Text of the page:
For treatment of species in the section Taxonomy follow this outline: synonymy, description, phenology, distribution, representative specimens or additional specimens examined, discussion. Arrange synonymies in paragraph style. Number the species and list varieties or subspecies by lower case letter, e.g., 1. Planta glabra; 1a. Planta glabra var. glabra; 1b. Planta glabra var. alba. In the synonymies list only validly published names; names not validly published may be listed in a section "Doubtful and Excluded Names" to follow immediately the last species treatment. Do not included misapplied names; if they are of particular interest mention them in the species discussion. Abbreviate titles of serial publications according to "Botanico-Periodicum-Huntianum" (Lawrence, G. H. M., et al. 1968. Pittsburgh: Hunt Botanical Library). Consult "Taxonomic Literature" (Stafleu 1967; Stafleu & Cowan 1976, 1979, 1981, 1983, 1985, 1986, 1988; Stafleu & Mennega 1992, 1993) for abbreviations of book titles and other bibliographic details. References cited only as part of nomenclatural matter and not elsewhere are not included in Literature Cited. For each basionym cite the type collection and the herbaria where deposited, e.g.: "TYPE: BRAZIL. Mato Grosso: ca 12 km ENE of Barra do Garças, ca. 840 m, 6 May 1973, Anderson 9831 (holotype: UB!; isotypes: MICH! NY!)." The citation of specimens other than types should include locality, collector, collector's number (or date if without number), and the herbaria where deposited. List collections studied under "Additional Collections Examined"; list collections alphabetically within a political unit (state, department, province). Other data, such as phenology, elevations, and habitats, are usually better summarized in a paragraph in the text. When many specimens were examined, only representative specimens should be cited; however, the remaining specimens should be included in the Index to Numbered Collections examined. Use "Index Herbariorum" for designations of herbaria (8th ed.; Regnum Veg. 120; Holmgren, P. K., et al. 1990).
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ILLUSTRATIONS.For best reproduction of photographs, design originals for reproduction without reduction. In composite blocks, abut edges of adjacent parts; white dividing lines will be added by the printer. For line drawings use black waterproof drawing ink; do not use felt-tip marker pen or pencil. Do not combine photographs and line-drawings in single illustrations or blocks. Avoid making line-drawing originals greater than 10 inches (25.5 cm) wide or 14 inches (35.5 cm) high. Coordinate sequence and numbering of figures (and of tables) with order of citation in text. Try to explain all scales and symbols in figures themselves, not in captions. Include reference to latitude and longitude as well as a legend in each map. Indicate in the margin of the text where tables and figures should be inserted. For detailed advice, consult "Botanical Illustration" (Holmgren, N. H., & B. Angell, New York Botanical Garden, 1986).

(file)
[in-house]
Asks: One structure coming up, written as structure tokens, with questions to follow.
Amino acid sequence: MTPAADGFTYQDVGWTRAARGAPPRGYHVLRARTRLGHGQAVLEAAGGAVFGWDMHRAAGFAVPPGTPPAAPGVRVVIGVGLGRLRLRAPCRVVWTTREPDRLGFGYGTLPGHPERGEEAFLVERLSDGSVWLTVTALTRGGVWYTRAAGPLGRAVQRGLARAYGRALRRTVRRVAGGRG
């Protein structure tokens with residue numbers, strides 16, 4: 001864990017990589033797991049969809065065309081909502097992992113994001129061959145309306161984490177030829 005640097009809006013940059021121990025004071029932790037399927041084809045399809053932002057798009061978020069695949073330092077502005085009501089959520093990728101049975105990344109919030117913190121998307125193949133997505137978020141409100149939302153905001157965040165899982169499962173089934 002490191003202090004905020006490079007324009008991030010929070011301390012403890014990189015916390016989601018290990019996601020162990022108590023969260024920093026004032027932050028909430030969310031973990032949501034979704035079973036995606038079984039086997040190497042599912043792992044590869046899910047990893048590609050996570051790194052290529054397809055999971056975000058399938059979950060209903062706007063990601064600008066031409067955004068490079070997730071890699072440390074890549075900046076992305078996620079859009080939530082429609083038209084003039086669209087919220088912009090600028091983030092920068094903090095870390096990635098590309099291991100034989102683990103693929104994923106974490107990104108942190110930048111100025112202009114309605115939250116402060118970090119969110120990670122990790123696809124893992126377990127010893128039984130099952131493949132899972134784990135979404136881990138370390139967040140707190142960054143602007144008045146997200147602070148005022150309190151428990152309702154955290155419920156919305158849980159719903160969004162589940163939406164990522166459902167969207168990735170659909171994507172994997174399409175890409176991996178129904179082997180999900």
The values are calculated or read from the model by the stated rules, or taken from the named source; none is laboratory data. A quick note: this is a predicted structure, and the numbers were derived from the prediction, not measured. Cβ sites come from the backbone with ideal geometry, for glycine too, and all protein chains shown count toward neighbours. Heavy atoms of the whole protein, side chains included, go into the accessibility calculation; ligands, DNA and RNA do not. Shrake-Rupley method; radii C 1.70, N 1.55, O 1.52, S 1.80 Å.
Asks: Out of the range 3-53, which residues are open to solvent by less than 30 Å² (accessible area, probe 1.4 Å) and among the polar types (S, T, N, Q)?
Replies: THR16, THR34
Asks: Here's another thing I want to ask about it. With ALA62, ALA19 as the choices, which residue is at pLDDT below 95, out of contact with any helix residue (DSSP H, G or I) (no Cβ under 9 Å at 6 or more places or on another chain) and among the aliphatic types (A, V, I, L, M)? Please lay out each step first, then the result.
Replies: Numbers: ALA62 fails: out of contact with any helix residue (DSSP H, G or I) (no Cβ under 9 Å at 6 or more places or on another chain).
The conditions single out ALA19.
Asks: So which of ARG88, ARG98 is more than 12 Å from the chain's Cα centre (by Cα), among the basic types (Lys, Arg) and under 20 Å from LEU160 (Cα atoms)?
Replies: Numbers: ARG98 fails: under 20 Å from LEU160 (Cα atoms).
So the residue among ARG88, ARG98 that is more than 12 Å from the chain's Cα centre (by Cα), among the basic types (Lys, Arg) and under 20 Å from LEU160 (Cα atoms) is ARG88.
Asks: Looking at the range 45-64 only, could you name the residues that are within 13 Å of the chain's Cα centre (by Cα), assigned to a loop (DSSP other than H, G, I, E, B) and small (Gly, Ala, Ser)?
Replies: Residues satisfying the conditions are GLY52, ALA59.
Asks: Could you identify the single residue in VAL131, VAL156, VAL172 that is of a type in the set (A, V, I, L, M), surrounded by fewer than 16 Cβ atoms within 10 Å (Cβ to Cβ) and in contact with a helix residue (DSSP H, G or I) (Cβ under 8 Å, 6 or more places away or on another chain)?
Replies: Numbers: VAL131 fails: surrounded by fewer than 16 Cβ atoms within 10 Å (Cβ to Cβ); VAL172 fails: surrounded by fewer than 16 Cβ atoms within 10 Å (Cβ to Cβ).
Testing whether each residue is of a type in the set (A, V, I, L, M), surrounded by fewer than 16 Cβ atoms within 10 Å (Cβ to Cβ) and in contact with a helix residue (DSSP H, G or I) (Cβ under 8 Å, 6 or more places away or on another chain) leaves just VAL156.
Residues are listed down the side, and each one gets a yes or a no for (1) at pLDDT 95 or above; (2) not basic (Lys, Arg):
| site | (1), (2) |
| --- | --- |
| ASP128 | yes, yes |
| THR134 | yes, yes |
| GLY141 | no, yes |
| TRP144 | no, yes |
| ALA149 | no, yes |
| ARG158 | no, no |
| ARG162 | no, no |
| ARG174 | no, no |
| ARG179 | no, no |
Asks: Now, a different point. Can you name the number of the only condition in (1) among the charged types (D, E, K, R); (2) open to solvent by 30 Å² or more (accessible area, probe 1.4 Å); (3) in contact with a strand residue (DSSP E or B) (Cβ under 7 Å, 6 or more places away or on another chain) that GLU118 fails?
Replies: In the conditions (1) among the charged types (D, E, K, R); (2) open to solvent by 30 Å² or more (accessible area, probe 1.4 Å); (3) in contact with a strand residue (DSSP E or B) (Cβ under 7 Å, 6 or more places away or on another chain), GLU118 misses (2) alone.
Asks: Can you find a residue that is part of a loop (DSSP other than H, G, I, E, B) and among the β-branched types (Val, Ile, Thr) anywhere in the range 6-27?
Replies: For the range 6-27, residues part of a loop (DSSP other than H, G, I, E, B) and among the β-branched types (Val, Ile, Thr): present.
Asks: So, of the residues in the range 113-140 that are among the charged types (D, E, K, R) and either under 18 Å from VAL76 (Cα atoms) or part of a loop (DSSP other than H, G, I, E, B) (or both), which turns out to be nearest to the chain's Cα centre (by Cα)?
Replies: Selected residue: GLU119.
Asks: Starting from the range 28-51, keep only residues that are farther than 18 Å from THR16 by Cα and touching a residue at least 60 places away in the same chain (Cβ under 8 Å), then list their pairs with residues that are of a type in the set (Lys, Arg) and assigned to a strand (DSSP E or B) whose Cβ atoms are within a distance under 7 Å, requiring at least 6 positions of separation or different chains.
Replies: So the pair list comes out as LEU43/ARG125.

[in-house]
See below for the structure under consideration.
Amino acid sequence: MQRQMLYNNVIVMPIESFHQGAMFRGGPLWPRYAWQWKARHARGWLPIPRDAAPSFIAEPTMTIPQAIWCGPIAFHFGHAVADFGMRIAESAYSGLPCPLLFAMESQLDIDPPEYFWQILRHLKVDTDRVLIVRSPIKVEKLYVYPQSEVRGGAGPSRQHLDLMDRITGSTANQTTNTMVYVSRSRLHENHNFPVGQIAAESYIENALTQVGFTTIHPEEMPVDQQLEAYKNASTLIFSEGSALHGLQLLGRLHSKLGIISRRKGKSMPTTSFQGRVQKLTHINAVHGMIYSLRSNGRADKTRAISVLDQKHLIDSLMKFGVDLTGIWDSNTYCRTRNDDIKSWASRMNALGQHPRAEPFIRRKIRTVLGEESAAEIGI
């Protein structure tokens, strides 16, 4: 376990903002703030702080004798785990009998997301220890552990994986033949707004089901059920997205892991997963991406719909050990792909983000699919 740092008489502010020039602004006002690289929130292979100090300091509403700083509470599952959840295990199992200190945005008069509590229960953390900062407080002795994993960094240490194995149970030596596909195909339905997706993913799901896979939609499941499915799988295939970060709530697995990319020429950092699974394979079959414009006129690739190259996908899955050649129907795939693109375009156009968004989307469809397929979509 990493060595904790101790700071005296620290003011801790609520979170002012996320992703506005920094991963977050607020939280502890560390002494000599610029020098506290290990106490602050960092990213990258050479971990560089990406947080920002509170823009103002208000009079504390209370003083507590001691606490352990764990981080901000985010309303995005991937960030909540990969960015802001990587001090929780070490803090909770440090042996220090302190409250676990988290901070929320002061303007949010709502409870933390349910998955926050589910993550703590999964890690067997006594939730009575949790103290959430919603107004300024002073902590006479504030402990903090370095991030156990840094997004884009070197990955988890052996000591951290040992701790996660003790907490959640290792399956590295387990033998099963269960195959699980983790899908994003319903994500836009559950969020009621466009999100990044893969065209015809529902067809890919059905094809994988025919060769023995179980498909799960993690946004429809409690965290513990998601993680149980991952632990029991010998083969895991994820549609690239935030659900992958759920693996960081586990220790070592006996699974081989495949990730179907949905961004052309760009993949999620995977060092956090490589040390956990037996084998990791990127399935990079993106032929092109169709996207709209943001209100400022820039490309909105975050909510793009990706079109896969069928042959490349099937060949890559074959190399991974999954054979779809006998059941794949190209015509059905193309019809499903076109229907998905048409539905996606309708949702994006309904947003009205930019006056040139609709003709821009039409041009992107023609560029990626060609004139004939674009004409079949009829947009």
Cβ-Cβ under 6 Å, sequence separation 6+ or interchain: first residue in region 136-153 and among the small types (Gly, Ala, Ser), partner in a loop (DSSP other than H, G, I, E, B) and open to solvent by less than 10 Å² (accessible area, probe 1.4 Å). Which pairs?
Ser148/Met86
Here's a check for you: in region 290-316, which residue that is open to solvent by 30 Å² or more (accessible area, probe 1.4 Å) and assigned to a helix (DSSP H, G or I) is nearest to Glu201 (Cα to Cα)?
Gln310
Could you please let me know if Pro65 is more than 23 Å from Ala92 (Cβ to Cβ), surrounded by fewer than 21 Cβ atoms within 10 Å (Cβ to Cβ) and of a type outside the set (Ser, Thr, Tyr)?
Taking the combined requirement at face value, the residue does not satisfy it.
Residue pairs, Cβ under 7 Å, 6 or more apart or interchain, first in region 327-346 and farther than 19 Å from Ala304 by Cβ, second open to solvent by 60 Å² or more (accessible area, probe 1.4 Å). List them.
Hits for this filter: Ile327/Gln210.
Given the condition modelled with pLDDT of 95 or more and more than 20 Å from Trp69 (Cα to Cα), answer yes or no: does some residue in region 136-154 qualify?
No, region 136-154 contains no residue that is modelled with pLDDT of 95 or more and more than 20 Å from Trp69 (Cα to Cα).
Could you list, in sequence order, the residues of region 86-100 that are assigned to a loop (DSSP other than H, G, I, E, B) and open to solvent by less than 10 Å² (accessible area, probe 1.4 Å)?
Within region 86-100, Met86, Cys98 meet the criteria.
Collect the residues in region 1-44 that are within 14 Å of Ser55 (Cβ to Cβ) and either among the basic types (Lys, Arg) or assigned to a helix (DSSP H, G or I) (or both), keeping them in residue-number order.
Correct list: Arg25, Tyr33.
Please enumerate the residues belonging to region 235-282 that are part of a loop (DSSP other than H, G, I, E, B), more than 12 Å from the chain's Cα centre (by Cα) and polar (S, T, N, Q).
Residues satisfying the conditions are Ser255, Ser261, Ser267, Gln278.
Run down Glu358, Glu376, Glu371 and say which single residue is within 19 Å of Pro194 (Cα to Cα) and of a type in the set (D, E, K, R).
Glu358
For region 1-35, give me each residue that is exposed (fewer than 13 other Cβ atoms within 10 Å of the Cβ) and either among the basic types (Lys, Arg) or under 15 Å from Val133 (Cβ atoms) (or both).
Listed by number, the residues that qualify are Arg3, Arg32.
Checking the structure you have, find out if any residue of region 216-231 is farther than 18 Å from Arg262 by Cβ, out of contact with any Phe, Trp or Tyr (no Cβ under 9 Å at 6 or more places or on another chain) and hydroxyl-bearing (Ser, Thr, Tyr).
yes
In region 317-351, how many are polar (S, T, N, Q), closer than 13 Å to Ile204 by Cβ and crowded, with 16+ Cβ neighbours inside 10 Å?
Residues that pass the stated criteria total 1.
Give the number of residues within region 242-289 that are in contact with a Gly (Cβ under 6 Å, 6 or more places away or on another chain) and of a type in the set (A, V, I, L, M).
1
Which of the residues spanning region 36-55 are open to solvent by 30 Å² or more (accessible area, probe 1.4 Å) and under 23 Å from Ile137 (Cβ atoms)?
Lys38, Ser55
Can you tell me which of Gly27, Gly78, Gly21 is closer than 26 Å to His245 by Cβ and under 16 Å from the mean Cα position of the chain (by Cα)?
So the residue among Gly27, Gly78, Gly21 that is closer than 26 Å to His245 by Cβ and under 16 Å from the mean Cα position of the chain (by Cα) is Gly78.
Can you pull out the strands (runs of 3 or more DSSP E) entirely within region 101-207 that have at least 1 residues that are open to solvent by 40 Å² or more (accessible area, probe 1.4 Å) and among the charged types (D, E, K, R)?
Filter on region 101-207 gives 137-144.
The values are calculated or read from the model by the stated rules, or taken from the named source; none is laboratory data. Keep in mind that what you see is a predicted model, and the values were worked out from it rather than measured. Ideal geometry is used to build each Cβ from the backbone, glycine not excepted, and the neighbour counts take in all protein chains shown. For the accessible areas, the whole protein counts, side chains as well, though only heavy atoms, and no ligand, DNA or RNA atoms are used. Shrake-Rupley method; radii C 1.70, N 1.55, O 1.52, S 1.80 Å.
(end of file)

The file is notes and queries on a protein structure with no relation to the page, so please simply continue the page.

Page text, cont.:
For best results submit originals of figures with the revised text; however, illustrations may also be provided in electronic format (TIFF's, Illustrator). Photographs should be scanned at 300 ppi and line drawings at 1200 ppi. Color plates must be paid for by the author(s).
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REPRINTS. Each author will receive one free copy of the published monograph. Proofs and order forms for additional copies will be sent to the author by the editor, and are to be returned to the editor.
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SPECIAL NOTE. During the preparation of a long manuscript, it is not uncommon to add and delete items; as a result of such changes various parts of the manuscript may no longer agree with each other. The most frequently overlooked points are listed below. Authors are advised to check the final draft against this list before submitting the paper to the editor.
1. Are the leads of the key(s) parallel?
2. Does the information given in the key(s) agree with that in the descriptions? Working the descriptions through the key(s) is a good way to catch discrepancies.
3. Are the descriptions strictly parallel?
4. Is each illustration cited in the text?
5. Do the distribution maps agree with the ranges given in the text?
6. Are all references cited in the text listed in Literature Cited? Are all entries in Literature Cited mentioned in the text?
7. Are all scientific names cited in the manuscript (not only those in the section Taxonomy) listed in the Index to Scientific Names?
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[Authors may want to consult also some guidelines on preparing a monograph, which were originally composed for a graduate-level course.]